“It’s the high-tech
community in Boston that makes it unique,” said Finberg, who’s also an
engineer at an MIT-affiliated research lab. “People will bring surplus
runs from production at some facility which dumped a project, and you’ll
find resistors that cost big bucks being sold for a dime apiece.”
Some of the vendors
are professionals, there to buy and sell electronics for a living.
Others are amateurs, mostly there to clear out their garages. They all
get the same warning: It’s considered taboo to sell furniture, clothes
or other typical yard-sale fare. The Swapfest has a charter explicitly
barring it from becoming a general flea market.
beginning, the event been held the third Sunday of the month, from April
through October. Its tables fill a surface lot next to an MIT power
plant, with dozens more in a nearby parking garage.
Among the crowd
last Sunday were Neel Shah and Sasha Berisheva, two juniors at
Northeastern University who are building a car that runs on chemical
reactions. It’s part of an annual competition at their university, and
they came to rummage through boxes of electronic baubles, hoping to find
capacitors for their project.
brought his 10-year-old son, Alec, to check out radio gear, a shared
hobby between the father and son from Needham, Massachusetts.
“My dad has gotten
me into ham radio,” Alec said, adding that he was in good company at the
sale. “I would definitely call this a geekfest.”
Among the items for
sale at the latest gathering: an ultrasound machine, like those used to
capture images of unborn infants, and a dish antenna, said to be plucked
from a 1960s fighter jet.
One man, Tom
Perera, routinely brings his collection of Engima machines, the
ciphering devices that Germans used to pass coded messages in World War
Goldberg, of Newton, Mass., browses MIT’s Radio Society flea market. (AP
Chuck Ochs has been
a regular seller since 1991, stacking his table high with vintage radios
and electronic testing equipment. His rarest item up for sale last week
was a Crosley Model 51 radio from 1921, going for $100.
Over the years,
Ochs has taken his collection to dozens of other sales, but he says none
quite compare to MIT’s flea.
slide Magic Lantern projector, circa 1930, is displayed at MIT’s Radio
Society flea market on the campus of the Massachusetts Institute of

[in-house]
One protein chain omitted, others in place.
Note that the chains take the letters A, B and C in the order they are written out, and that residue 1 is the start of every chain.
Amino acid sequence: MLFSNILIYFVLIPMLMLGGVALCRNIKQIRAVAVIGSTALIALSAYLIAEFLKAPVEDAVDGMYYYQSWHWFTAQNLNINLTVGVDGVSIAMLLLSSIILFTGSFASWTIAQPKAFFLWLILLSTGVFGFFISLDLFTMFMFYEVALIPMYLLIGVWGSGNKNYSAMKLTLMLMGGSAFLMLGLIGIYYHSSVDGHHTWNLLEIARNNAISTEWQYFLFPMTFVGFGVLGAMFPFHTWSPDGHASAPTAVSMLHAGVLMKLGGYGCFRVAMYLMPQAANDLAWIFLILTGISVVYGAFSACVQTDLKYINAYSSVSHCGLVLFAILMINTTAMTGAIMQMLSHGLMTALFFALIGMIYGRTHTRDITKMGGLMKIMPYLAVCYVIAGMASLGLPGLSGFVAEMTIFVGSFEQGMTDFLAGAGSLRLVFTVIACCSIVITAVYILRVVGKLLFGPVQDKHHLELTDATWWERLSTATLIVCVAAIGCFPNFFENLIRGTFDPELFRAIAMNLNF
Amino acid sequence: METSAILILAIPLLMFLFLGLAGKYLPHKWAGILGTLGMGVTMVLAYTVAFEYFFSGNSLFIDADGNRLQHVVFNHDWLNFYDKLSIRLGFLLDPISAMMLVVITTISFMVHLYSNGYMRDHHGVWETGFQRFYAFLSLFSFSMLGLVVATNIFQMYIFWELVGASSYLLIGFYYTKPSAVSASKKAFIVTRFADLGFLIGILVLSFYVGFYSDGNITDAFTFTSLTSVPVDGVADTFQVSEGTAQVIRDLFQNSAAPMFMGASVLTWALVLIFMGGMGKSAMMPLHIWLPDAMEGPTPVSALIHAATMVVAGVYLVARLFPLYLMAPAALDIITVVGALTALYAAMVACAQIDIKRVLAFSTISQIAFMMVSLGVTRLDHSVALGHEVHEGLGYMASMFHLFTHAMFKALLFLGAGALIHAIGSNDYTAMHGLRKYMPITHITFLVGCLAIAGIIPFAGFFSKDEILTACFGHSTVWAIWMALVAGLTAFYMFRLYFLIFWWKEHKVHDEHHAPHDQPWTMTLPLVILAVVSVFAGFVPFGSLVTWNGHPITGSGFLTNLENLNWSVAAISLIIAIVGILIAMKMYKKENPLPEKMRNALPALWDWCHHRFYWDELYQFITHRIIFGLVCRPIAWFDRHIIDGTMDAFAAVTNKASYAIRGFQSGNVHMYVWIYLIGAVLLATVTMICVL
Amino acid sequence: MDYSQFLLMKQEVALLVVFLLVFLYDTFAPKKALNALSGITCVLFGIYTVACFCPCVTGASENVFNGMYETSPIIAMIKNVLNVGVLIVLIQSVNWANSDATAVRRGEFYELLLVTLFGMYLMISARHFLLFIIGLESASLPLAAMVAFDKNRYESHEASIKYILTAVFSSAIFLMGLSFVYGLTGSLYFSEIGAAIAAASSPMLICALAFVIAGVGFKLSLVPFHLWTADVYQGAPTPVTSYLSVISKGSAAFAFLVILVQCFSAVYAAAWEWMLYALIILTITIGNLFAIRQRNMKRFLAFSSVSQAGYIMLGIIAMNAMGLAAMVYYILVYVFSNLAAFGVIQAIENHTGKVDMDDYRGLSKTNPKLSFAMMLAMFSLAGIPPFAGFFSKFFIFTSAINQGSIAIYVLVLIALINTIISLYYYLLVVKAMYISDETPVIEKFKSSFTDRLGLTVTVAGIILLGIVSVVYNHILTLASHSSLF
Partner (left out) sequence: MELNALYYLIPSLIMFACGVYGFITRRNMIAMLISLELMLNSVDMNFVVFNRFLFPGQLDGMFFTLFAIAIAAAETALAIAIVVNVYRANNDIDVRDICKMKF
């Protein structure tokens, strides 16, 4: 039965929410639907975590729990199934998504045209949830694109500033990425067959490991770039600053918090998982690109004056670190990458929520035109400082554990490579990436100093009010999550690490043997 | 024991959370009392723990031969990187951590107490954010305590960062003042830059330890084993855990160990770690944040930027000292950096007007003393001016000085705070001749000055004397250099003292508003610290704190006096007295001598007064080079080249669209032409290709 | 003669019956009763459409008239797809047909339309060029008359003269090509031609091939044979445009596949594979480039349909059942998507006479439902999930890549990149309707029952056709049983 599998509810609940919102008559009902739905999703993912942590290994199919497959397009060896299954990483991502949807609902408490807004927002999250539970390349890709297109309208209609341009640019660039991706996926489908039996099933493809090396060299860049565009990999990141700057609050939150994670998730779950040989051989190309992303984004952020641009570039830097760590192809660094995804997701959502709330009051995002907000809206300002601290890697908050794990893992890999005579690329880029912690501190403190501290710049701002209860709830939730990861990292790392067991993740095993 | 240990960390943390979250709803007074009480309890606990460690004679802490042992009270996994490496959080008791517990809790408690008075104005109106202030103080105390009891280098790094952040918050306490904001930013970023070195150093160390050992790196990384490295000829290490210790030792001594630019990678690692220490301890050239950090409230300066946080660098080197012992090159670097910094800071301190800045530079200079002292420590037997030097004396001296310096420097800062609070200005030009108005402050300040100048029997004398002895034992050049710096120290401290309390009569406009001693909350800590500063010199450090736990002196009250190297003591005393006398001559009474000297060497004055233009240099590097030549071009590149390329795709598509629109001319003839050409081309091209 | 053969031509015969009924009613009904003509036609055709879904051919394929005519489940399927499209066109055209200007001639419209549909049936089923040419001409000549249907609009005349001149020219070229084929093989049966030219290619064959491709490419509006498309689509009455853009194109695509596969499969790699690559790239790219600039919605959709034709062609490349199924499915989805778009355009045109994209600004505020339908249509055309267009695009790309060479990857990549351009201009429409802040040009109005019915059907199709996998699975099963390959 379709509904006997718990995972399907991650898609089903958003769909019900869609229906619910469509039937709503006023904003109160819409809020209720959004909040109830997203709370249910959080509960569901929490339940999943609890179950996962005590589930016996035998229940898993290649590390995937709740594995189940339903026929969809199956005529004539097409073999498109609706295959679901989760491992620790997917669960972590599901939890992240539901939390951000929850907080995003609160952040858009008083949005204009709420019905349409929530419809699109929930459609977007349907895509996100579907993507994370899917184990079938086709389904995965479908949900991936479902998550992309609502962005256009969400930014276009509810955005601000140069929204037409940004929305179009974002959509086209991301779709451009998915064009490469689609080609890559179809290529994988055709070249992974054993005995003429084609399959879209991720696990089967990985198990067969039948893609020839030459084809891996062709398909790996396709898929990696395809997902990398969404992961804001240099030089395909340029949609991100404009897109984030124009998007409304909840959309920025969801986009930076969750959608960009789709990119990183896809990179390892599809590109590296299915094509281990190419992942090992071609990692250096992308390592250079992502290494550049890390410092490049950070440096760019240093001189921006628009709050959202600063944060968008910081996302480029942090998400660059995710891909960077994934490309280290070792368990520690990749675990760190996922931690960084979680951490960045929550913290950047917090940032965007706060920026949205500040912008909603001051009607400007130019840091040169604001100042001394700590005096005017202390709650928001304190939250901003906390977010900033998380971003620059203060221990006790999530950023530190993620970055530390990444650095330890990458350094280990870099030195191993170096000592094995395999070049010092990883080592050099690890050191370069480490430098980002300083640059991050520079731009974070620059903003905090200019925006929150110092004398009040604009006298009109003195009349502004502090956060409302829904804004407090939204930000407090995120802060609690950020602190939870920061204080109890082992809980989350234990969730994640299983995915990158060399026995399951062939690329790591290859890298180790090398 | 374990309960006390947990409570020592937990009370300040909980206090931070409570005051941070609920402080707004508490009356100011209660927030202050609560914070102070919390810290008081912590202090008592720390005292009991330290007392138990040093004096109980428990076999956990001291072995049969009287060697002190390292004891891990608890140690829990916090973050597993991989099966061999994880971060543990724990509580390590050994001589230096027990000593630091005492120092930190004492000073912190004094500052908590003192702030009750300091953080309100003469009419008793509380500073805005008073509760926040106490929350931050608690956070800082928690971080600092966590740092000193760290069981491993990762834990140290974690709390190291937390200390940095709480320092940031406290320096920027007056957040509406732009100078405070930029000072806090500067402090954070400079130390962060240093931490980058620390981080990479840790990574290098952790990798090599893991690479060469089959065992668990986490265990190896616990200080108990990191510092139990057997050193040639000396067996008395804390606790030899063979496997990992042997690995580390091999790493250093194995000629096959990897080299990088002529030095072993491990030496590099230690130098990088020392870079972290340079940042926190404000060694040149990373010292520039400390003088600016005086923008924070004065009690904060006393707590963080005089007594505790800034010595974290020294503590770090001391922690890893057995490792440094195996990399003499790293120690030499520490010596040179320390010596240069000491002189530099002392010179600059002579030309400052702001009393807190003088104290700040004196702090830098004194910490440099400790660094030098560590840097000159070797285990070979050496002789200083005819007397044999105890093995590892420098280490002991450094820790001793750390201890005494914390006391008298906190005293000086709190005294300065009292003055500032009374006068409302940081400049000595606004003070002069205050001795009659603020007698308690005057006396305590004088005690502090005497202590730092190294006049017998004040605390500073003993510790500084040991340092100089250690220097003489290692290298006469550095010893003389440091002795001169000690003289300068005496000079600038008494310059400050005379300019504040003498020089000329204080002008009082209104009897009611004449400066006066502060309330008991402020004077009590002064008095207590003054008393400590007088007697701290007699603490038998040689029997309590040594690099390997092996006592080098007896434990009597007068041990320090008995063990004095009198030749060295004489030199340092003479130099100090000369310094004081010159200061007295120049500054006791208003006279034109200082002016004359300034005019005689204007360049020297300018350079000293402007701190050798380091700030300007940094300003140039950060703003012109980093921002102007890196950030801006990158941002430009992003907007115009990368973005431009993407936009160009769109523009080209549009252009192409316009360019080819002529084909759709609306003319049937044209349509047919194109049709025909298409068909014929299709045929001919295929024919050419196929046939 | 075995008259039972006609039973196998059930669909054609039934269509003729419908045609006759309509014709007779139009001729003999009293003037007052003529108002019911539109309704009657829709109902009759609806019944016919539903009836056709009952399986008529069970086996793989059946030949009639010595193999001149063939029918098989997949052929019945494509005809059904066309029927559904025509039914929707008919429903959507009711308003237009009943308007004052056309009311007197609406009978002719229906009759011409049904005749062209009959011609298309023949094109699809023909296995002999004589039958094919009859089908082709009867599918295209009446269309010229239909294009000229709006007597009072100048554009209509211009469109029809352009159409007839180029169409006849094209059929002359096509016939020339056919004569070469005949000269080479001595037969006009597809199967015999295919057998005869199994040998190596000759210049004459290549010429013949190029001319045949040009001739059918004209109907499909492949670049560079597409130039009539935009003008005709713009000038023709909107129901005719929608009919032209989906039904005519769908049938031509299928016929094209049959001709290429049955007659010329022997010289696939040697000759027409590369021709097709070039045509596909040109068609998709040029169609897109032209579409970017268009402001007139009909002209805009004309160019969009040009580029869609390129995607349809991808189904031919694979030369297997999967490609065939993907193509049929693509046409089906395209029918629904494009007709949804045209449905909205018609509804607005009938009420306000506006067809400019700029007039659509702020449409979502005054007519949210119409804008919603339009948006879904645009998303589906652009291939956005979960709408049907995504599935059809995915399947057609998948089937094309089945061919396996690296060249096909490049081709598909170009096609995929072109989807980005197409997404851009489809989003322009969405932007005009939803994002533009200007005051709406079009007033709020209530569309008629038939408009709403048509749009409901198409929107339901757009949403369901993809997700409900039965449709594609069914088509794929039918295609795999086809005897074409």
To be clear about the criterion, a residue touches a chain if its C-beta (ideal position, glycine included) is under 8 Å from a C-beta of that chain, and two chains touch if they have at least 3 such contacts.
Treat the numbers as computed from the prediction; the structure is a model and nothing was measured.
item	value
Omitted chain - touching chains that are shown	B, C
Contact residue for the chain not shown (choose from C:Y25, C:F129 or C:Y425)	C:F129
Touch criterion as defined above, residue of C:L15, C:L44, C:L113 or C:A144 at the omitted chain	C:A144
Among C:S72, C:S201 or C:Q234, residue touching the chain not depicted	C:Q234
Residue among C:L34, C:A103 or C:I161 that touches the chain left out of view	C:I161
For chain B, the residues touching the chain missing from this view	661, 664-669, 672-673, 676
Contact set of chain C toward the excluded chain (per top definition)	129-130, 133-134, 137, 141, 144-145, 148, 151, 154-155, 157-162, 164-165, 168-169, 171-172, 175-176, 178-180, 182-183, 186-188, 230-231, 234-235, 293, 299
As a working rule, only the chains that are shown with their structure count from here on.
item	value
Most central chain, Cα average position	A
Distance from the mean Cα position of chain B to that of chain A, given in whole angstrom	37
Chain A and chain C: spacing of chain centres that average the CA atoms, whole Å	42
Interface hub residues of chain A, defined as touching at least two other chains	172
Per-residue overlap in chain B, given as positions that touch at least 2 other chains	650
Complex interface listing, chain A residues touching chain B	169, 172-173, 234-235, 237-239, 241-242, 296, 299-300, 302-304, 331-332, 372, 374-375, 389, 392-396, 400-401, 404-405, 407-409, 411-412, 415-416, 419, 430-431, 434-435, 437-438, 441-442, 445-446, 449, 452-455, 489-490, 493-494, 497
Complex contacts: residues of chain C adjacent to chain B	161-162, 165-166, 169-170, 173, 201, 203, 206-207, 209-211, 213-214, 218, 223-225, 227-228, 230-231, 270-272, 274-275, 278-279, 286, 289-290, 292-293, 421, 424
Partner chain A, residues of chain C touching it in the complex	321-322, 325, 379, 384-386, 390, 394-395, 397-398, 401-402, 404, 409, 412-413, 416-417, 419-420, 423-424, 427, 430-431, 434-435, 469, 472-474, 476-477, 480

Technology in Cambridge, Mass. (AP Photo/Collin Binkley)
“A lot of this
stuff was thousands and thousands of dollars when it came out,” said
Ochs, of East Bridgewater, Massachusetts. “If it exists in the city,
this is where you’ll see it.”
LinkedIn adding new training features, news feeds and ‘bots’
San Francisco (AP) - LinkedIn
wants to become more useful to workers by adding personalized news feeds,
helpful messaging “bots” and recommendations for online training courses, as
the professional networking service strives to be more than just a tool for
The new services will arrive just as
LinkedIn itself gains a new boss - Microsoft - which is paying $26 billion
to acquire the Silicon Valley company later this year.
LinkedIn said the new features, which
it showed off to reporters Thursday, were in the works before the Microsoft
takeover was announced in June. But LinkedIn CEO Jeff Weiner said his
company hopes to incorporate some of Microsoft’s technology as it builds
more things like conversational “chat bots,” or software that can carry on
limited conversations, answer questions and perform tasks like making
Chat bots are a hot new feature in the
consumer tech world, where companies like Facebook, Apple and Google are
already racing to offer useful services based on artificial intelligence. As
a first step, LinkedIn says it will soon introduce a bot that could help
someone schedule a meeting with another LinkedIn user, by comparing
calendars and suggesting a convenient time and meeting place.
The new bot will be part of an online
messaging service that LinkedIn is gradually expanding to make it easier for
users to communicate without opening a new screen or switching to email.
LinkedIn is also adding more
personalized features to its news feed, where members can see articles and
announcements posted by their professional contacts. A new “Interest Feed”
will offer a collection of articles, posts and opinion pieces on major news
events or current issues.
While many people already turn to
Facebook, Twitter or individual news sites for similar updates, LinkedIn
managers suggest their feeds will be more tailored to each user’s
professional interests, by a combination of human editors and computer
algorithms. Similarly, LinkedIn says it’s begun using the online training
resources of its Lynda. com educational subsidiary to make personalized
recommendations for online courses that augment each user’s current skills
or career interests.
The new features are the latest
additions LinkedIn has made to its core service in recent years - for
example, by inviting prominent people and ordinary members to write their
own articles or essays for the site.
LinkedIn Corp. makes most of its money
from fees that job recruiters pay to use its database of more than 450
million members worldwide. But it wants to keep members engaged so they
check in regularly and keep their profiles updated. Weiner and other
executives say they want to make the site useful for more than just
The idea is to “help members be more
productive and successful in what they’re trying to do,” said LinkedIn vice
president Ryan Roslansky in an interview.
LinkedIn has measured an increase in
routine visits to its website and mobile apps over the last year, Roslansky
said, even after the company cut back on the volume of email notifications
that it sends to members. It did so, he acknowledged, after members
complained they were getting too many emails.
Microsoft Corp., meanwhile, wants to
augment its own workplace software with LinkedIn’s stockpile of information
about its members’ job histories and professional contacts. It may combine
LinkedIn’s data, for example, with online programs that Microsoft sells to
businesses for managing sales, hiring and other back-office functions.
Weiner, who is expected to continue
running LinkedIn as a semi-independent subsidiary of Microsoft, said the two
companies are working on ways to integrate some services. But he said he
wasn’t ready to disclose more details.